Stocking a 125gal. Its complicated :)

Discussion in 'Aquarium Stocking Questions' started by MojoRIsin, Jun 26, 2016.

  1. M

    MojoRIsin New Member Member

    Howdy ya'll. First time poster but I've been reading this forum off and on for some years. I'm going to apologize now because I think this is going to be a long post. Any veteran aquarists that read through it and can offer suggestions I would be greatly appreciative.

    A little quick background: I've been obsessed with aquariums since I was about 10 years old and repeatedly murdered random schools of tetras trying to keep them in 10 gallon tanks. I've been keeping aquariums for over 20 years but cut back about 10 years ago to a single tank. Recently we bought a bigger house and I finally have the room (and stability) to stock large tanks again.

    I am cycling a 125 gal long tank (22"L x 72.5"W x 23.375"H) in my livingroom. I want to make it as perfect of a self-contained eco-system that I can so the plan is to introduce species from the bottom up to create a nice balance. I know what roles the species in the tank need to play but I'm having a hard time deciding just what species to use.

    The plan for the tank:
    Substrate sandy (undecided just what type yet)
    Medium density planting with both ends heavily planted
    Some flat rocks placed among heavily planted areas to offer spawning grounds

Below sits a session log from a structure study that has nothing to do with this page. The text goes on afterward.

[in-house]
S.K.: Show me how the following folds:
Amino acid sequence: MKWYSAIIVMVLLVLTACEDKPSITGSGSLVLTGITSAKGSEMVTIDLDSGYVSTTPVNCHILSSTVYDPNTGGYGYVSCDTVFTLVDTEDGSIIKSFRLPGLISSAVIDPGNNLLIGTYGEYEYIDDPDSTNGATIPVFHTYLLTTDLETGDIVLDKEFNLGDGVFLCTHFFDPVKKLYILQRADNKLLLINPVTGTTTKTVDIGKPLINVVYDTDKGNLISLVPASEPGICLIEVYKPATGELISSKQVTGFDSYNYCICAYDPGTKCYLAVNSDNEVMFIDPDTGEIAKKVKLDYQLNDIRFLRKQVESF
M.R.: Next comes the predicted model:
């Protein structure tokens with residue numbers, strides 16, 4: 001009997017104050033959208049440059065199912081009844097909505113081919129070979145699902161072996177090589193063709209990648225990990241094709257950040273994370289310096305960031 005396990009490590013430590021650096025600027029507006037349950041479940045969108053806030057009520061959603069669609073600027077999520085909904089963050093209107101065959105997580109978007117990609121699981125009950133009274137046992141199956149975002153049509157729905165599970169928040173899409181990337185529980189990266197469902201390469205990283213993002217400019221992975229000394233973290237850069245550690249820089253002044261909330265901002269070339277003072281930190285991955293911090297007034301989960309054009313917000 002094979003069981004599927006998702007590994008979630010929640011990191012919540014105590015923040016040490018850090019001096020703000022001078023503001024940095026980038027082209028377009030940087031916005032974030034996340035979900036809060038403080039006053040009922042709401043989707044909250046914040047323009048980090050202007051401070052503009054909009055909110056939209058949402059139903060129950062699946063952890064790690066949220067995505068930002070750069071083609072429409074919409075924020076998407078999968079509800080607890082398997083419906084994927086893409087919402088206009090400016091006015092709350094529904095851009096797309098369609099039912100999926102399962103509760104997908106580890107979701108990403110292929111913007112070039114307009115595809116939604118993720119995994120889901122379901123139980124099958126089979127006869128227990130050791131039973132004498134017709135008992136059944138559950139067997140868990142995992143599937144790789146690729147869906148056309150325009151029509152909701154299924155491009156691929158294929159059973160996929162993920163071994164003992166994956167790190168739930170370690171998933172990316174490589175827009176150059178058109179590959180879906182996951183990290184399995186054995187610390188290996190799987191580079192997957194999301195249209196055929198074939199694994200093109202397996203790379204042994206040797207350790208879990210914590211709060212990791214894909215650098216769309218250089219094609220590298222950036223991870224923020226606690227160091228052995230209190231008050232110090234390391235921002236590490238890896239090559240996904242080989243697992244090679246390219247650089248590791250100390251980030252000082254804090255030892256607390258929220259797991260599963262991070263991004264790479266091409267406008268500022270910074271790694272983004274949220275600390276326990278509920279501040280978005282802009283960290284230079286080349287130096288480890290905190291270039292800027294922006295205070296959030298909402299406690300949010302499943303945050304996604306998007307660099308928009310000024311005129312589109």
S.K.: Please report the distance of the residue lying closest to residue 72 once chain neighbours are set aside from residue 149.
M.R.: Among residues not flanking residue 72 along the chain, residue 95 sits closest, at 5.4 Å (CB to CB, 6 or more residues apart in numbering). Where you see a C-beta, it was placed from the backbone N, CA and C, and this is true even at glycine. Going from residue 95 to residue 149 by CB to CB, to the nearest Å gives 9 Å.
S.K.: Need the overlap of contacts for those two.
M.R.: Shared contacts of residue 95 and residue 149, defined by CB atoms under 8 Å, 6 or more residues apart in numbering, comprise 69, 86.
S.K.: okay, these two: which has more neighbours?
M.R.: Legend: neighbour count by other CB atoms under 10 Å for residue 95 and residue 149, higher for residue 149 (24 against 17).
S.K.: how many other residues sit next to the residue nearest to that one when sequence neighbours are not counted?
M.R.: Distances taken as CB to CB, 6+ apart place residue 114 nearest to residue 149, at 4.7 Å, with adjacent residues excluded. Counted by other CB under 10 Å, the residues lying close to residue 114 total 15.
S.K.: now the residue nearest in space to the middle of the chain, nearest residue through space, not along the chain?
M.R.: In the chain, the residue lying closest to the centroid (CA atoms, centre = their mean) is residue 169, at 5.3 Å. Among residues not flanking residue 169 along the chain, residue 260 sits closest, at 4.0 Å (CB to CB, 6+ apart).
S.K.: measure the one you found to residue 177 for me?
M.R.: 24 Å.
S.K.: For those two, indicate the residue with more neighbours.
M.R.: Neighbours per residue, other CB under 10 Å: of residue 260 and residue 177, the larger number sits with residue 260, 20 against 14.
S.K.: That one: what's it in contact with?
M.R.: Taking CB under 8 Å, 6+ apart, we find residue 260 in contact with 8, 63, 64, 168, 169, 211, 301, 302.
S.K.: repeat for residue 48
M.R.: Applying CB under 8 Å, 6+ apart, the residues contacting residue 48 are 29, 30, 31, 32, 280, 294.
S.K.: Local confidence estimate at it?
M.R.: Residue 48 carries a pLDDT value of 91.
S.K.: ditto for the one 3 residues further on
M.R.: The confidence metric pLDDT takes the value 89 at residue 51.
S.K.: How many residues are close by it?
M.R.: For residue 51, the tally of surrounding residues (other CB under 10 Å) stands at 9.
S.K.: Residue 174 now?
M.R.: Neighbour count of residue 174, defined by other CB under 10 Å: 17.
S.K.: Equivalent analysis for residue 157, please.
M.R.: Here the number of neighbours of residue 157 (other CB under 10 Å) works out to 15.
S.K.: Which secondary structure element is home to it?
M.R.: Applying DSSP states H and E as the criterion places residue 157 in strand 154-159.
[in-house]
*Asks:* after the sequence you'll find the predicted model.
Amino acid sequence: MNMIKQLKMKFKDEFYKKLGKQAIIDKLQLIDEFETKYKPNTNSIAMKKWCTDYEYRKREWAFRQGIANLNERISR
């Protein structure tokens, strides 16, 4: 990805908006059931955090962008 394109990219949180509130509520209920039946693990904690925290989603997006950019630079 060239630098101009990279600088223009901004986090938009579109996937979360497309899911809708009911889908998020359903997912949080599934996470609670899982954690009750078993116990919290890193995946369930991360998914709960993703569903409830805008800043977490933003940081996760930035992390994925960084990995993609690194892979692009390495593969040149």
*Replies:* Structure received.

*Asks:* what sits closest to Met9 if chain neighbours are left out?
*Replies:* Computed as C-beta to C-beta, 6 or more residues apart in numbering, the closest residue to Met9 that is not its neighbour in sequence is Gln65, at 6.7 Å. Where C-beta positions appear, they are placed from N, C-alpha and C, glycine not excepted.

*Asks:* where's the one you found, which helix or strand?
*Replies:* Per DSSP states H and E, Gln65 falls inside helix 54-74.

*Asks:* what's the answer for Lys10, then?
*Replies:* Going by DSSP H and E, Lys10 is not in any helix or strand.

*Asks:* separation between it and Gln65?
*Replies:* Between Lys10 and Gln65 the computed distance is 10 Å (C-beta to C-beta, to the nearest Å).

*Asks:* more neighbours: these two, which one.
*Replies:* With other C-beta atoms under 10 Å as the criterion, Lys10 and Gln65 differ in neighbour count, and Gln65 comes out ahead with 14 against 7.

Cave system made out of halved clay pots glued together with aquarium silicon and covered in moss for realistic look rear-center of the tank (possibly might make several smaller cave systems instead of one big one).
    Large piece of driftwood possibly mounted to the top of the tank if I use too much ground space up.
    Mechanical/biological filtration undecided yet but most likely a canister filter, powerhead, and a DIY CO2 rig.

    water temp around 80 degrees, ph 6, soft soft water

    Once the tank is cycled and planted I want to start by adding Malaysian Trumpet Snails, a small schooling fish that breeds rapidly, and a shrimp species that also breeds rapidly.

    Once those 3 species become established and are comfortable and breeding on their own I want to add a school of panda corys (10?)

    After the corys I'll add some ram cichlids (4-6?)

    And then I'll add 2 jewel cichlids.

    I know that eventually the snails will get out of control. Once their population is deeply established and bordering on infestation (probably a year or more away) I'll add some assassin snails - and once the assasin snails are well established I'll add a small snail eating loach or two.

    The idea is to have a tank where each species is happy and thriving and able to breed but whose numbers are kept in check by the other species within the tank.

    I did something similar with Oscars and convicts in a gigantic 8'x3'x4' custom tank years and years ago but there is a significant difference in tank size here. (by the way I've read probably a dozen posts here that suggest oscars can live in smallish (55gal) tanks because they don't really get 12" long and I can say that that is 100% NOT true! I raised 2 oscars from babys that reached 16 inches or more and rescued two other oscars that were already 10 inches out of a 55 gal tank and BOTH of those rescues also grew to about 16 inches before I sold the tank).

    So my big questions:
    1. The shrimp. I'd like to use something colorful and attractive but it needs to be a rapid breeder that can outpace consumption by a few small cichlids - I'll make sure the shrimp have PLENTY of hiding spaces (I'm considering using pvc or some kind of tubing to make a super-cave structure that can sit in one of the extremely densely planted corners for the shrimp to use). Suggestions on the shrimp?